Home > Semantics and Ontologies, Software and Tools > Citeulike, Friendfeed and me: BFF?

Citeulike, Friendfeed and me: BFF?

December 4, 2008 Leave a comment Go to comments

‘ll start off by saying that I’m new to the whole Friendfeed thing, and I’ve also only recently started using Citeulike in a more comprehensive way. I started out on the former through the recommendation of Frank over at peanutbutter, and it’s one of the best things I’ve done recently with respect to my working life (subscribe to my friendfeed). Citeulike also began via a recommendation from Frank, but it has really been useful to me as I start to slowly gather references that a) interest me in general, and/or b) will be useful when I start writing up my PhD thesis (my citeulike library).

Just today it really twigged in me how useful these two tools, in combination, can be. I credit Frank with two nice things he said about this grouping of two apps in a chat we had today: 1) “don’t need to do pubmed searches anymore”, and 2) “organise, share and discover” (update: Frank would like to say he wasn’t the originator of the quote, which is very good of him. Of course, it still holds true that you said it in our chat ;) ). Certainly the joining of these two apps facilitates the latter, and my pubmed searching, while still extant, is now nicely supplemented by what my friends are reading.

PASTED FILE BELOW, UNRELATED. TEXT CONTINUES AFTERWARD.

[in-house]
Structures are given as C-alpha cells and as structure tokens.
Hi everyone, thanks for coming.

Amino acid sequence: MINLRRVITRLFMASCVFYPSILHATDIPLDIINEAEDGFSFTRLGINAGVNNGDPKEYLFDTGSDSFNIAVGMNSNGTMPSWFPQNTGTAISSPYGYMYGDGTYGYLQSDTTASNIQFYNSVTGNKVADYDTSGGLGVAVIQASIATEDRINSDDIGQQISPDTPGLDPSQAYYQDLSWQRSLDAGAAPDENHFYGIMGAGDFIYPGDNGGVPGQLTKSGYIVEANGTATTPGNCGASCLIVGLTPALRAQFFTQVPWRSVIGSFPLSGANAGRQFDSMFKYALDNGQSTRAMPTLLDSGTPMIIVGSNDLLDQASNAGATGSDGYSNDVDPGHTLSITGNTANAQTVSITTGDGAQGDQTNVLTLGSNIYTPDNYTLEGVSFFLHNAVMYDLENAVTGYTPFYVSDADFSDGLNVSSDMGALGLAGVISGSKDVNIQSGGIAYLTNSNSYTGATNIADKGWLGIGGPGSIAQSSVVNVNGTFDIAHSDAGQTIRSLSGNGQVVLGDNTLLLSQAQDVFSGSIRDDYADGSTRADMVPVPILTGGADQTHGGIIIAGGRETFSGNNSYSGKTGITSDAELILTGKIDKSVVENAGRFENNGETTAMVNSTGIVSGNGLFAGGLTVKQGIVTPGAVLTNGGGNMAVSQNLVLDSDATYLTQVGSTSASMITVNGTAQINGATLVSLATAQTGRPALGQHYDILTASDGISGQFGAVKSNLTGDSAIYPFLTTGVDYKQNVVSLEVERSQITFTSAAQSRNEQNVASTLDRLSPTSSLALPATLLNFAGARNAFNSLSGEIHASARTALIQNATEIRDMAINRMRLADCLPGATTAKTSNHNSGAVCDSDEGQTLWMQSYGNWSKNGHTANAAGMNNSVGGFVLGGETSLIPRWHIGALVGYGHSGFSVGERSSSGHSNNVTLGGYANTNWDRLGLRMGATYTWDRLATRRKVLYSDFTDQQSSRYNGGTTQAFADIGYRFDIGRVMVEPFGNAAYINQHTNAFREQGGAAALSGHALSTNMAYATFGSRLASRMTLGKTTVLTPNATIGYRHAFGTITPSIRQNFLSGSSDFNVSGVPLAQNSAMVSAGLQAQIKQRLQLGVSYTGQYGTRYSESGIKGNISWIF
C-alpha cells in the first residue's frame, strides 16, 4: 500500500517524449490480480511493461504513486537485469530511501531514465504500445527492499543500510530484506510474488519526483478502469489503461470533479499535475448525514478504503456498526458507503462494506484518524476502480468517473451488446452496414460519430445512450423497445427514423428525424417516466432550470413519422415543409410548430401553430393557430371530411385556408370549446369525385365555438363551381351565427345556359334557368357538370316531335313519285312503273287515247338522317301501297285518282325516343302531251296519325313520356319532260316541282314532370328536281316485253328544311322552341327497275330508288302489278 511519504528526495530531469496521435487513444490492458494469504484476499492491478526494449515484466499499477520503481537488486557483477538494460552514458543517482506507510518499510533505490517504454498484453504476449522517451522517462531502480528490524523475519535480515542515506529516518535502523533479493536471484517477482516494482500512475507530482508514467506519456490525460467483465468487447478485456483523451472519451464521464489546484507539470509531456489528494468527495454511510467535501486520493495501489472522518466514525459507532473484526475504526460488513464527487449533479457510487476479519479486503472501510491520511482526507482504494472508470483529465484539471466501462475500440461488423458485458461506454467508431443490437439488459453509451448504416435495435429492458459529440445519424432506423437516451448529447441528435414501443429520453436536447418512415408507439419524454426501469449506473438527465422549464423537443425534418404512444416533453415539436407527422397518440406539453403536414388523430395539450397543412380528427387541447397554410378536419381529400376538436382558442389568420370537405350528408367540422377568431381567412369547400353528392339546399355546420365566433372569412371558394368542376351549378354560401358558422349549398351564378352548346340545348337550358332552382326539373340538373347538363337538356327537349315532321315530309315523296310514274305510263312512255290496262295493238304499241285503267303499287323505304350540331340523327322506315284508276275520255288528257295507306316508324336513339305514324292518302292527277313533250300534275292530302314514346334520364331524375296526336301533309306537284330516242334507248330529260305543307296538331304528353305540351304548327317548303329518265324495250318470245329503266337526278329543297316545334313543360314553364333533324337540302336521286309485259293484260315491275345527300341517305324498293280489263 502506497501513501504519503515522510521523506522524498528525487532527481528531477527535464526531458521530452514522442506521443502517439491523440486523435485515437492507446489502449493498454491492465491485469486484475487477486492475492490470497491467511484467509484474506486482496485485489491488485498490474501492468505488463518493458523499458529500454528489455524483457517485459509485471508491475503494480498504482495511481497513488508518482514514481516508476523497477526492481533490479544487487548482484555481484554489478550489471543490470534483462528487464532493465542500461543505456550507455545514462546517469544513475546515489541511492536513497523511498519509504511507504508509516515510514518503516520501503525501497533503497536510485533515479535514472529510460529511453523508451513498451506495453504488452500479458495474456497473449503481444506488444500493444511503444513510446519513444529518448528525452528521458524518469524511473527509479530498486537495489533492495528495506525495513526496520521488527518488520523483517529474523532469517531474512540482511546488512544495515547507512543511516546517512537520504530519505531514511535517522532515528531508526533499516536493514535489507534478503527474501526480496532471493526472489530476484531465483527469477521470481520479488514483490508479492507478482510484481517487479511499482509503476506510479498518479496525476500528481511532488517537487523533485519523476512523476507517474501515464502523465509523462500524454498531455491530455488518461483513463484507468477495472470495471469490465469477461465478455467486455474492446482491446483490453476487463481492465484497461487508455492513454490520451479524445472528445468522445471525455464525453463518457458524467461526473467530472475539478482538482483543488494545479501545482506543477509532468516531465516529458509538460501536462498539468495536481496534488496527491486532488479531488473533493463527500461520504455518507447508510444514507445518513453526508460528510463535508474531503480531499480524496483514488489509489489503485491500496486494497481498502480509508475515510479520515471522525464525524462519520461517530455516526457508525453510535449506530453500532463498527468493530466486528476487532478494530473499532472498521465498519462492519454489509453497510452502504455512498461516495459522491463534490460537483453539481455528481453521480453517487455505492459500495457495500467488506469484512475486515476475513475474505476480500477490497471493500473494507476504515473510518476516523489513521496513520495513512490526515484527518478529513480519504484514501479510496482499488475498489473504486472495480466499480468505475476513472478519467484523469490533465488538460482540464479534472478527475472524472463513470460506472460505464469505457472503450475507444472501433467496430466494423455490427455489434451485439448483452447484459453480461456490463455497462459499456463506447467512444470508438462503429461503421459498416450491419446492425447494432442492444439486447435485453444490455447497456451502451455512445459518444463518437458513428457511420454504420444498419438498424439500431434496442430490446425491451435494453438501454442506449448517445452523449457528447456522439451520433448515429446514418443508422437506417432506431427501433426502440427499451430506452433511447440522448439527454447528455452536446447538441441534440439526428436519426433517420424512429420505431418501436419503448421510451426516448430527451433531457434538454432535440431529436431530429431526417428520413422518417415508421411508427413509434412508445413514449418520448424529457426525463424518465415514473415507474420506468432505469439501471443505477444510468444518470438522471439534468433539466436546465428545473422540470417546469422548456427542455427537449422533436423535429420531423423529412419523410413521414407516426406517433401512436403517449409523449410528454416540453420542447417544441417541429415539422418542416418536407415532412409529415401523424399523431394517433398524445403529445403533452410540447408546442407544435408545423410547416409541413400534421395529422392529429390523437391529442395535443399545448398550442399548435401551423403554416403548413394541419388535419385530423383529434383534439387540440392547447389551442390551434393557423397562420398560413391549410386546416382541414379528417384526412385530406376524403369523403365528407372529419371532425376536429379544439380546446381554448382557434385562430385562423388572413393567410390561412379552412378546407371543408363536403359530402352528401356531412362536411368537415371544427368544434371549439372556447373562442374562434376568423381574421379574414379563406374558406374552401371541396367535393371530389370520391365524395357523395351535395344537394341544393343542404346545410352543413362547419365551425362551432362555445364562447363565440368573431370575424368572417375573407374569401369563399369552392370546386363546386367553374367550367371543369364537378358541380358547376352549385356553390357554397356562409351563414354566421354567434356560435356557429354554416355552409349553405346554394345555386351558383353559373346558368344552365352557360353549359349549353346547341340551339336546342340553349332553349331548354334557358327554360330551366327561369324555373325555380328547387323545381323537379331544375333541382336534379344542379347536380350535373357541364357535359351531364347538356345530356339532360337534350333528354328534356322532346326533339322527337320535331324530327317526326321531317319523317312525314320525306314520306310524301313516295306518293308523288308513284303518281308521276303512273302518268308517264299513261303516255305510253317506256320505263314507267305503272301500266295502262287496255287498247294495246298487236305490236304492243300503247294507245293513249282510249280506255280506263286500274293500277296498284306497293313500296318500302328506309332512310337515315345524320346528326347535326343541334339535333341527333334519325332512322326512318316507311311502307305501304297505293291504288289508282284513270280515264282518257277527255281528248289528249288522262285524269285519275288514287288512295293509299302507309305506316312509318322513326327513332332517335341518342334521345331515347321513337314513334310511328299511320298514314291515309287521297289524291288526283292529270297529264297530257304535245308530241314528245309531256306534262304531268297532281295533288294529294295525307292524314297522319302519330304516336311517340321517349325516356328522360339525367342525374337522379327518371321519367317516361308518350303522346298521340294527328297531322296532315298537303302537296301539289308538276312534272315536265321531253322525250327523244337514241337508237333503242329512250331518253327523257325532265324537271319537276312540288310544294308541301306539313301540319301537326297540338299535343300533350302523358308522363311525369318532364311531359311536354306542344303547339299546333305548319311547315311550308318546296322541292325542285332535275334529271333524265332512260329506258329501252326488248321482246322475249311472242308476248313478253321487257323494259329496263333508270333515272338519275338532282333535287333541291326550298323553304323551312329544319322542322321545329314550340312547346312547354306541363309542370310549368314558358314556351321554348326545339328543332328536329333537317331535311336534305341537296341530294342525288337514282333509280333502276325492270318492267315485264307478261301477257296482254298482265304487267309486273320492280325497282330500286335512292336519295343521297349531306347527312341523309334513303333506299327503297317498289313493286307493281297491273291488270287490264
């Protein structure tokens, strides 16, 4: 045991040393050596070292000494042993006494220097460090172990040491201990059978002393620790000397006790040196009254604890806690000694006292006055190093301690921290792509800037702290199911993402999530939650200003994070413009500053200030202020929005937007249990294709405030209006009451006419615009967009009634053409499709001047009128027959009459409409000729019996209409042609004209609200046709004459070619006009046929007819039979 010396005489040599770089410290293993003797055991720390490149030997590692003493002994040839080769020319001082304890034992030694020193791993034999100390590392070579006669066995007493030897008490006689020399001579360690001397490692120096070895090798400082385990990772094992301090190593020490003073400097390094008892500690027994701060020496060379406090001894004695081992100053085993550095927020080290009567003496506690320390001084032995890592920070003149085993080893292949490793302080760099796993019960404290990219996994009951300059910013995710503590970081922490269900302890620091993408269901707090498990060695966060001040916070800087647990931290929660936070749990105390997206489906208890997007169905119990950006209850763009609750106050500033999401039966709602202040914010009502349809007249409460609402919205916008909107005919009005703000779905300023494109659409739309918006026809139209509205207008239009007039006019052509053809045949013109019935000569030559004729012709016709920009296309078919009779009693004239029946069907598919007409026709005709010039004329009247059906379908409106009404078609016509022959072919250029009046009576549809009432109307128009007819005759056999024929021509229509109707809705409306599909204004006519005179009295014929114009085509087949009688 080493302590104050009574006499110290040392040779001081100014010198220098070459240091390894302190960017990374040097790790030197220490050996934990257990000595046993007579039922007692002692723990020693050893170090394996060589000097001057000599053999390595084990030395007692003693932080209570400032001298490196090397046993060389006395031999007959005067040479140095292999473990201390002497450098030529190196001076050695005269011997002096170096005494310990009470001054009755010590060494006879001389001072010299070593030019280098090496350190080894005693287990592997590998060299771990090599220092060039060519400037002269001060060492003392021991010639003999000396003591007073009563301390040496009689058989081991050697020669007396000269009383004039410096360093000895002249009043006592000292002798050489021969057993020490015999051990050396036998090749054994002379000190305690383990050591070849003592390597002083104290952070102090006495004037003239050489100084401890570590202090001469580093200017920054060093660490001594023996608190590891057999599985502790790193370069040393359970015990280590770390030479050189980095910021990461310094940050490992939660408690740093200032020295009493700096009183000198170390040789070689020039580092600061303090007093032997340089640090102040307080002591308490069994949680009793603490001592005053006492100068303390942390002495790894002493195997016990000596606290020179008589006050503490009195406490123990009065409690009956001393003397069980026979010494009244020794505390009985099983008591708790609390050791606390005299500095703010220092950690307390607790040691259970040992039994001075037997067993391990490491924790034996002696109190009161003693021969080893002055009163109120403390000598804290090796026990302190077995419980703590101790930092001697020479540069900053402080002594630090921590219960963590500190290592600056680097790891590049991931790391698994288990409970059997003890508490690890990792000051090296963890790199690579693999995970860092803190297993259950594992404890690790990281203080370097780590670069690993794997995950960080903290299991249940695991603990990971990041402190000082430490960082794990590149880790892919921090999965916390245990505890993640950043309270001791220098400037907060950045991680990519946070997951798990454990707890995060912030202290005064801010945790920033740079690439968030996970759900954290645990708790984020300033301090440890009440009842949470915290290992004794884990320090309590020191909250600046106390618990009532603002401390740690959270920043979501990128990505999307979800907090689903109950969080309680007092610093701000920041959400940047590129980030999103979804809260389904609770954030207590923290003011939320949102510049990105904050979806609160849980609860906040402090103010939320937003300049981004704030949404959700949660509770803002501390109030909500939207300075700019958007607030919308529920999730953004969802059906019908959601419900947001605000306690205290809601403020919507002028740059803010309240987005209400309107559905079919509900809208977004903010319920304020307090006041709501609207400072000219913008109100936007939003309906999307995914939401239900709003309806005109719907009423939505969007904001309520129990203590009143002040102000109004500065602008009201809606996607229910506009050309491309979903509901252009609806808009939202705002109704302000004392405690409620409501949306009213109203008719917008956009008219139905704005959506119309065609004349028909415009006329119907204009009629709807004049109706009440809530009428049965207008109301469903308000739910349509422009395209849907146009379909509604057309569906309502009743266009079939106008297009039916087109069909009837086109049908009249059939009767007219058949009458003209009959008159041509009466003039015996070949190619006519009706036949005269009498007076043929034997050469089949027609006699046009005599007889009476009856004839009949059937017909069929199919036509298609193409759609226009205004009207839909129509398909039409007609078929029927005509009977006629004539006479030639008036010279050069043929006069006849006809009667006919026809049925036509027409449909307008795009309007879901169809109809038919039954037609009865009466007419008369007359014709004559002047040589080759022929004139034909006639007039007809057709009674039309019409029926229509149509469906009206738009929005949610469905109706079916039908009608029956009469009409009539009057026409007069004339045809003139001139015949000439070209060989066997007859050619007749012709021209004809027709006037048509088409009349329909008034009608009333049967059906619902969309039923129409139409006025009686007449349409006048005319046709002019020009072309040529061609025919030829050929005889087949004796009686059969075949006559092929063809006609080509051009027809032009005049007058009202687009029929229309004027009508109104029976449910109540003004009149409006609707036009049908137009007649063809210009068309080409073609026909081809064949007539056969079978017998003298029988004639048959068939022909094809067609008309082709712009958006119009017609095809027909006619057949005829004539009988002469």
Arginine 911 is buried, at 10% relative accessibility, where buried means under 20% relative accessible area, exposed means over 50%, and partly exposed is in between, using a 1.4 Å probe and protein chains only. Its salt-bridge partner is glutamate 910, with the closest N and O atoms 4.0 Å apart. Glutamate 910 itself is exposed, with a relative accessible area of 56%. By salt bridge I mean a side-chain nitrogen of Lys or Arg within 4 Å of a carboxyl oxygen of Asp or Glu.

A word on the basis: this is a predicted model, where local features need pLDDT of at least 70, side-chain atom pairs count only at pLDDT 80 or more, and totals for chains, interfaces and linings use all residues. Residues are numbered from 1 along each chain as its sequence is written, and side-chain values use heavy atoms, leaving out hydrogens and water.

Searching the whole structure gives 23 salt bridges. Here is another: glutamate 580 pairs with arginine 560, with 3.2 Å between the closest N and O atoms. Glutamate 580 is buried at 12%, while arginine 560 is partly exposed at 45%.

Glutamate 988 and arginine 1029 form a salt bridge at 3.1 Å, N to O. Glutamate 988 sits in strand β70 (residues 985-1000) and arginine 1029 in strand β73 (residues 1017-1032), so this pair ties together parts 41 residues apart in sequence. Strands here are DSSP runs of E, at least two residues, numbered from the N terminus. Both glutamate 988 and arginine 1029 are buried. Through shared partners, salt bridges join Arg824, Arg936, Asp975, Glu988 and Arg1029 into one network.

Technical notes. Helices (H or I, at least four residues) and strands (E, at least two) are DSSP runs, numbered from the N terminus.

I shall illustrate my point with some examples. (Please note that all
the people mentioned in the following images have their friendfeeds set
to public, and therefore I will not be compromising anyone’s privacy by
using these examples.)

It all started this morning, when Simon added this paper into his citeulike library:

FriendFeed Image 1

FriendFeed Image 1

Then, I liked the look of it – having seen it in my friendfeed – and added it to my library with just two clicks:

ff2

Next, via friendfeed’s comment mechanism,
I received plaudits for adding to my very new citeulike library:

ff3

Then, others noticed Simon’s or my additions, and added it themselves. First, it was Dan:

ff4

And then it was Frank. However, before I show Frank’s feed, I should mention that earlier in the day, Duncan had posted a review from Nature for a book we had been discussing:

ff5

And I decided I also liked this review:

ff6

So, when Frank had a look at Friendfeed, he found two things he liked, and it was reported by Friendfeed as so:

ff7

I’m sure others have experienced this already, but it’s new to me, and just shows me how using social apps like Friendfeed in a work context can really increase my knowledge in an efficient and fun way. It’s fantastic, even it if is a little circular and self-referencing. After all, this post about Friendfeed will shortly appear on my Friendfeed. But then, Friendfeed is a great forum for discussing things, and getting ideas to blog about. Neil and others have already done this. Thanks to everyone whose feeds I read ;)

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